SupChina illustration by Derek Zheng
Hundreds of thousands of writers signed to China Literature, the country’s biggest online publisher, went on an online strike on May 5. They were protesting against exploitative contracts and the company’s regular infringement of their intellectual property rights. China Literature is a subsidiary of Tencent, the Chinese internet behemoth behind WeChat.
The strike was a protest against proposed changes to China Literature’s business model and contracts with its writers. Writers stopped publishing new content on the website on the day of the strike.
Rumors swirling inside the community of China Literature’s users indicated the company was planning to remove its paywall on all of the content on its site and rely solely on advertisements as primary drivers of revenue. According to the organizers, the potential move will negatively affect writers’ income, which primarily comes from subscription fees and tips from their readers. China Literature has neither confirmed nor denied the plans.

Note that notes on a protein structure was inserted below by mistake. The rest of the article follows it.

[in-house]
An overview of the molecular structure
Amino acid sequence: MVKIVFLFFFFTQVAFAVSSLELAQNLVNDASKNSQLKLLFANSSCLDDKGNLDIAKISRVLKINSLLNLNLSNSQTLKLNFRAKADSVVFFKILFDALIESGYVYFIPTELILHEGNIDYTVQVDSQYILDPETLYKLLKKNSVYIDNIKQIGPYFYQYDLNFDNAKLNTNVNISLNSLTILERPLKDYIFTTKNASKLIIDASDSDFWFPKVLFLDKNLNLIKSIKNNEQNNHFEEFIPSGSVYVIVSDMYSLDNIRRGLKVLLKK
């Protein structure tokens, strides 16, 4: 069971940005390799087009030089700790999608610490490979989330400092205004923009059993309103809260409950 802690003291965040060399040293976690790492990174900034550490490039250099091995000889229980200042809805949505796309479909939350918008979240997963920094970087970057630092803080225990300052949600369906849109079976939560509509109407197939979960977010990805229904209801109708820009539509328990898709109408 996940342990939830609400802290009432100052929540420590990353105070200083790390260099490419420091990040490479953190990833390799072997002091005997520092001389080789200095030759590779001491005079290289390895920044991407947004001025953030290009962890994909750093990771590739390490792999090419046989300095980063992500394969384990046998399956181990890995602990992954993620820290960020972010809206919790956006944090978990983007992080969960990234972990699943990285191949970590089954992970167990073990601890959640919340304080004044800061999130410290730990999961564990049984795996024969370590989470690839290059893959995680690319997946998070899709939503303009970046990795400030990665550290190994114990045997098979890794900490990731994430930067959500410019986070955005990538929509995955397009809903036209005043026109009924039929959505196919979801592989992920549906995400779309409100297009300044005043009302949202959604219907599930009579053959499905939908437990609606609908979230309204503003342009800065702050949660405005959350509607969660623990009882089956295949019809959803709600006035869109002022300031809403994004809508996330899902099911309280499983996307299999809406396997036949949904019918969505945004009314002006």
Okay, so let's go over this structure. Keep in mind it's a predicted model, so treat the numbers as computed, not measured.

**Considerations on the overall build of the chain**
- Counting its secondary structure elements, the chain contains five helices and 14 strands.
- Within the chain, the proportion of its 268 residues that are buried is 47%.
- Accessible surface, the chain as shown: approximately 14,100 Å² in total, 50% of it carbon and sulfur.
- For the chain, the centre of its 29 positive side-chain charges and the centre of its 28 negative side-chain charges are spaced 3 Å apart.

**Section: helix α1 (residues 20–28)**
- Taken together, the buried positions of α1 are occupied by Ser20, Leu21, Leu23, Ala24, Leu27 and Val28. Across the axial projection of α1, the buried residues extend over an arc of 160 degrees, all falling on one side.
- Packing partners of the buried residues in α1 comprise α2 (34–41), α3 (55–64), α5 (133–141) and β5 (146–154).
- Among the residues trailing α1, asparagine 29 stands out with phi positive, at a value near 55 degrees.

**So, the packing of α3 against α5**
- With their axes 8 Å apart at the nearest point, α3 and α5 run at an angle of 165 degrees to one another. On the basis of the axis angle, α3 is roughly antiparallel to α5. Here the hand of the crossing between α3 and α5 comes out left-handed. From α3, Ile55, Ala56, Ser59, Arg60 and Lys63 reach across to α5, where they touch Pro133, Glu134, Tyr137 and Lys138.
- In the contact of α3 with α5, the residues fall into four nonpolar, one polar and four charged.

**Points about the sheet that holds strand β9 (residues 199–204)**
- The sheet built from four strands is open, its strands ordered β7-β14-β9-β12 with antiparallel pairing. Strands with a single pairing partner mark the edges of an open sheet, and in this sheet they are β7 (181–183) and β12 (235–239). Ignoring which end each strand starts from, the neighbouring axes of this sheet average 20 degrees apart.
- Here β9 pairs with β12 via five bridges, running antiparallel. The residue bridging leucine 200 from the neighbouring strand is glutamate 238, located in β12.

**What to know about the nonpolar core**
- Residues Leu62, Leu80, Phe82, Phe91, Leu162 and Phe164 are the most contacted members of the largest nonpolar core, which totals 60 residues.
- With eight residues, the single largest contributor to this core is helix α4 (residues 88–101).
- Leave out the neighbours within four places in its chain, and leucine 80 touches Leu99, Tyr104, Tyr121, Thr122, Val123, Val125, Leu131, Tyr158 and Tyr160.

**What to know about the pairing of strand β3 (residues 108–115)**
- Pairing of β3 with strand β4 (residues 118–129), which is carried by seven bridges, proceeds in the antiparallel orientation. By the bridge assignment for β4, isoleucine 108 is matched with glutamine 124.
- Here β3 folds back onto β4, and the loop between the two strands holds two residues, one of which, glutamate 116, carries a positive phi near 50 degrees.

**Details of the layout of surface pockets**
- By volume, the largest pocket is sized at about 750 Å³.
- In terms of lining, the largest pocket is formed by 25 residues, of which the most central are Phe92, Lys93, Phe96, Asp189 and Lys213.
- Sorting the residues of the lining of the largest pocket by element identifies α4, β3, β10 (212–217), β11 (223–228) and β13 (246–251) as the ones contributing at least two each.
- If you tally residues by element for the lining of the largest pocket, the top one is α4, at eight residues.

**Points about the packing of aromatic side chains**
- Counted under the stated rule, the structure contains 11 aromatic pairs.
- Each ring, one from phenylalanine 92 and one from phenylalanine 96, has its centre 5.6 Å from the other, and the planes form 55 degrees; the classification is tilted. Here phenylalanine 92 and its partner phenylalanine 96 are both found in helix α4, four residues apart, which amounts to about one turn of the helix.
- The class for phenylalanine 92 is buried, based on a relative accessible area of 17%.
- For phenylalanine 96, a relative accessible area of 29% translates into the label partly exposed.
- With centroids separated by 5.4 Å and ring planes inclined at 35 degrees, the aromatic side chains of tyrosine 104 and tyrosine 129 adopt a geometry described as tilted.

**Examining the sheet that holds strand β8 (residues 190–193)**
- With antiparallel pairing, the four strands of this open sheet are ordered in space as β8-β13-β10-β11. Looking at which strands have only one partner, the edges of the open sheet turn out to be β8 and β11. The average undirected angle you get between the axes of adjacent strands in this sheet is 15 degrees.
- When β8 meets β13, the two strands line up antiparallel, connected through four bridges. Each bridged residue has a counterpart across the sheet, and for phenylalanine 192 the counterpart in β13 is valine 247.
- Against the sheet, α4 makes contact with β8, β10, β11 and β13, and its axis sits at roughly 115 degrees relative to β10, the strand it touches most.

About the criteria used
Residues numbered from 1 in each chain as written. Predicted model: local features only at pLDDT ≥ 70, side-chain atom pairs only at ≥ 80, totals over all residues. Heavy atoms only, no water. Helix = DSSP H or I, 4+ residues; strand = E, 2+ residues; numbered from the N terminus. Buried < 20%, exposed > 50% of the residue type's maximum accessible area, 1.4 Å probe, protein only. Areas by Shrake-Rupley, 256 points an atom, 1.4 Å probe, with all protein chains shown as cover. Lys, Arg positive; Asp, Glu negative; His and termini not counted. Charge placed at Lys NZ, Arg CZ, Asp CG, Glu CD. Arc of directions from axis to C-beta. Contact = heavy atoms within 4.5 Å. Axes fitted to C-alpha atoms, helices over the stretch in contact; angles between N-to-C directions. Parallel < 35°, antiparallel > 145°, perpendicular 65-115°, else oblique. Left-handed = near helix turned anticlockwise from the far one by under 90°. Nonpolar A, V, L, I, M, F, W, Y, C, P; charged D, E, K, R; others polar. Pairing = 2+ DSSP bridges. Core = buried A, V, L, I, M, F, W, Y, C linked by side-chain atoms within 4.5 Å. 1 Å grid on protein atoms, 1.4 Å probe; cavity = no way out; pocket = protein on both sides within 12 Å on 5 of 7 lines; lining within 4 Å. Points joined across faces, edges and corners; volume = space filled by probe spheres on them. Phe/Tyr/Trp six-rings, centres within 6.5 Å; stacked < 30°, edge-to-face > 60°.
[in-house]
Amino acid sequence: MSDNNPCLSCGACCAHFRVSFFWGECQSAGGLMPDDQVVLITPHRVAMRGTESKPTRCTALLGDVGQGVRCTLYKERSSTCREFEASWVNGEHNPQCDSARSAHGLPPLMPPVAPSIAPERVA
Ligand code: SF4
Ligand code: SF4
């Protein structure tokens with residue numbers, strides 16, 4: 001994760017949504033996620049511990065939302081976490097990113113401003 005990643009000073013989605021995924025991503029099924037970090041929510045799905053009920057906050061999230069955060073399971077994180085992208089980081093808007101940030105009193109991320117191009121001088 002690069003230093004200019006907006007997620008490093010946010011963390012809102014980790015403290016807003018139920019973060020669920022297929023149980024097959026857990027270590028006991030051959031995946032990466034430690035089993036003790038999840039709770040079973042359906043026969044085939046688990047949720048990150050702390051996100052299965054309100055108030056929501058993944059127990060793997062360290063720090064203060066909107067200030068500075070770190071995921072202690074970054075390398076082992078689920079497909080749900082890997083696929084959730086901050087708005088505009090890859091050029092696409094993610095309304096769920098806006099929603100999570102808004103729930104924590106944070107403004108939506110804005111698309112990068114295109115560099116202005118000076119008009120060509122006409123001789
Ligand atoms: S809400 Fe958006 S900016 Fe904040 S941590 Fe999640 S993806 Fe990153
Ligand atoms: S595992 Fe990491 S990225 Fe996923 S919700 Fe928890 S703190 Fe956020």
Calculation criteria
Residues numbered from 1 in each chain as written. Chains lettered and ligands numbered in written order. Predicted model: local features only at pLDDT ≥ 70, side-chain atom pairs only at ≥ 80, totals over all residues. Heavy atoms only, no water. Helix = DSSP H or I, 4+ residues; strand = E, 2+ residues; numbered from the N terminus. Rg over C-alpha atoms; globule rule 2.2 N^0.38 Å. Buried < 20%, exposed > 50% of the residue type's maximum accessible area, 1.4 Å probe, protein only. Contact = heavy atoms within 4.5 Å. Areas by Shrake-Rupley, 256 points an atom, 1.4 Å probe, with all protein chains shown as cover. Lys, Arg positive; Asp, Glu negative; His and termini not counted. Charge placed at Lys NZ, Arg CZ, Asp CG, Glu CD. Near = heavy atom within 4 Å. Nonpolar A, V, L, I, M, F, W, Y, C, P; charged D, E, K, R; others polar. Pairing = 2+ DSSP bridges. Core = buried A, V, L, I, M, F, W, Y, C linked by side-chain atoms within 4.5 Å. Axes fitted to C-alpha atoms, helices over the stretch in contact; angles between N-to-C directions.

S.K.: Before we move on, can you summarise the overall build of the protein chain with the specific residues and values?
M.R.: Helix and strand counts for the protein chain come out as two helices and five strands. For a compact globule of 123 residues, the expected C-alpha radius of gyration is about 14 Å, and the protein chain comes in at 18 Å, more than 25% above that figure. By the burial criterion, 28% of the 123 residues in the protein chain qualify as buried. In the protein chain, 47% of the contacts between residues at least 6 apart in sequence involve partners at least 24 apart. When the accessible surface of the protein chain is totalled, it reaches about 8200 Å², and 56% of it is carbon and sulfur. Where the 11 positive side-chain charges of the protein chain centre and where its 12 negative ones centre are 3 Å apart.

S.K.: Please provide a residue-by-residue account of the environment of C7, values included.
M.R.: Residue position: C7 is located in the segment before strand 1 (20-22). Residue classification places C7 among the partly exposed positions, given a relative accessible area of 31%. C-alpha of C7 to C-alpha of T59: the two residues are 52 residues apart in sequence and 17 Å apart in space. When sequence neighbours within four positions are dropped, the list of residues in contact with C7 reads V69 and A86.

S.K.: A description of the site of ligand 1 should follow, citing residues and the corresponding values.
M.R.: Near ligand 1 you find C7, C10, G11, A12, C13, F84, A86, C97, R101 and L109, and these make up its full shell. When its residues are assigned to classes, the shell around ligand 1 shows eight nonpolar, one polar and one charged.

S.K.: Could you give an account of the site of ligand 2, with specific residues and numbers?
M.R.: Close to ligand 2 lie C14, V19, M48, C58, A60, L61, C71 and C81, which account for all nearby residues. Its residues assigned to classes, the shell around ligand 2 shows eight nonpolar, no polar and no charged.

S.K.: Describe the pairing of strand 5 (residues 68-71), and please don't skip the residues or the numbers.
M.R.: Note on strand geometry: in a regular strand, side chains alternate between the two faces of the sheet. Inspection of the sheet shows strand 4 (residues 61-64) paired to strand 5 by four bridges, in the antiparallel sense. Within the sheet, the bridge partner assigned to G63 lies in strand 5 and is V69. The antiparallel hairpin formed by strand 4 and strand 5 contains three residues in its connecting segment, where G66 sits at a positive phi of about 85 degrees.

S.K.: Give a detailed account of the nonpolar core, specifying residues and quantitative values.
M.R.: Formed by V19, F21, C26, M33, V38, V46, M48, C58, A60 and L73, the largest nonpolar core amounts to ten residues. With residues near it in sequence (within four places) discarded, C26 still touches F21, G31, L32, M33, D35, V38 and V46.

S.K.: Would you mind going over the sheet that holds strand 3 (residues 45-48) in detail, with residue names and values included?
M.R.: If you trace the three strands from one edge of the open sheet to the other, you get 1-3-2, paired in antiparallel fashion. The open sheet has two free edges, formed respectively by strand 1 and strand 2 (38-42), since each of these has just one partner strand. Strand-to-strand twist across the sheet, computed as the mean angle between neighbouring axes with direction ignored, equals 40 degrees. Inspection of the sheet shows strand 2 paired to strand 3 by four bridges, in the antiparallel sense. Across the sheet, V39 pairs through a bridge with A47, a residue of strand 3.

Protest organizers were also critical of China Literature’s existing approach to intellectual property. As many of them pointed out, while the company was extremely successful in turning its writers’ intellectual property assets, such as games and films, into multiple streams of revenues, the content creators themselves were often excluded from this business. Writers said the website forced them to sign agreements when they began writing for the platform that required them to fully relinquish control of their work at a low price.
The strike comes on the heels of a major leadership change at China Literature: A few members of the company’s senior management team, most of whom were early employees who built the website, resigned and were replaced by people from Chinese internet giant Tencent, which is China Literature’s largest shareholder.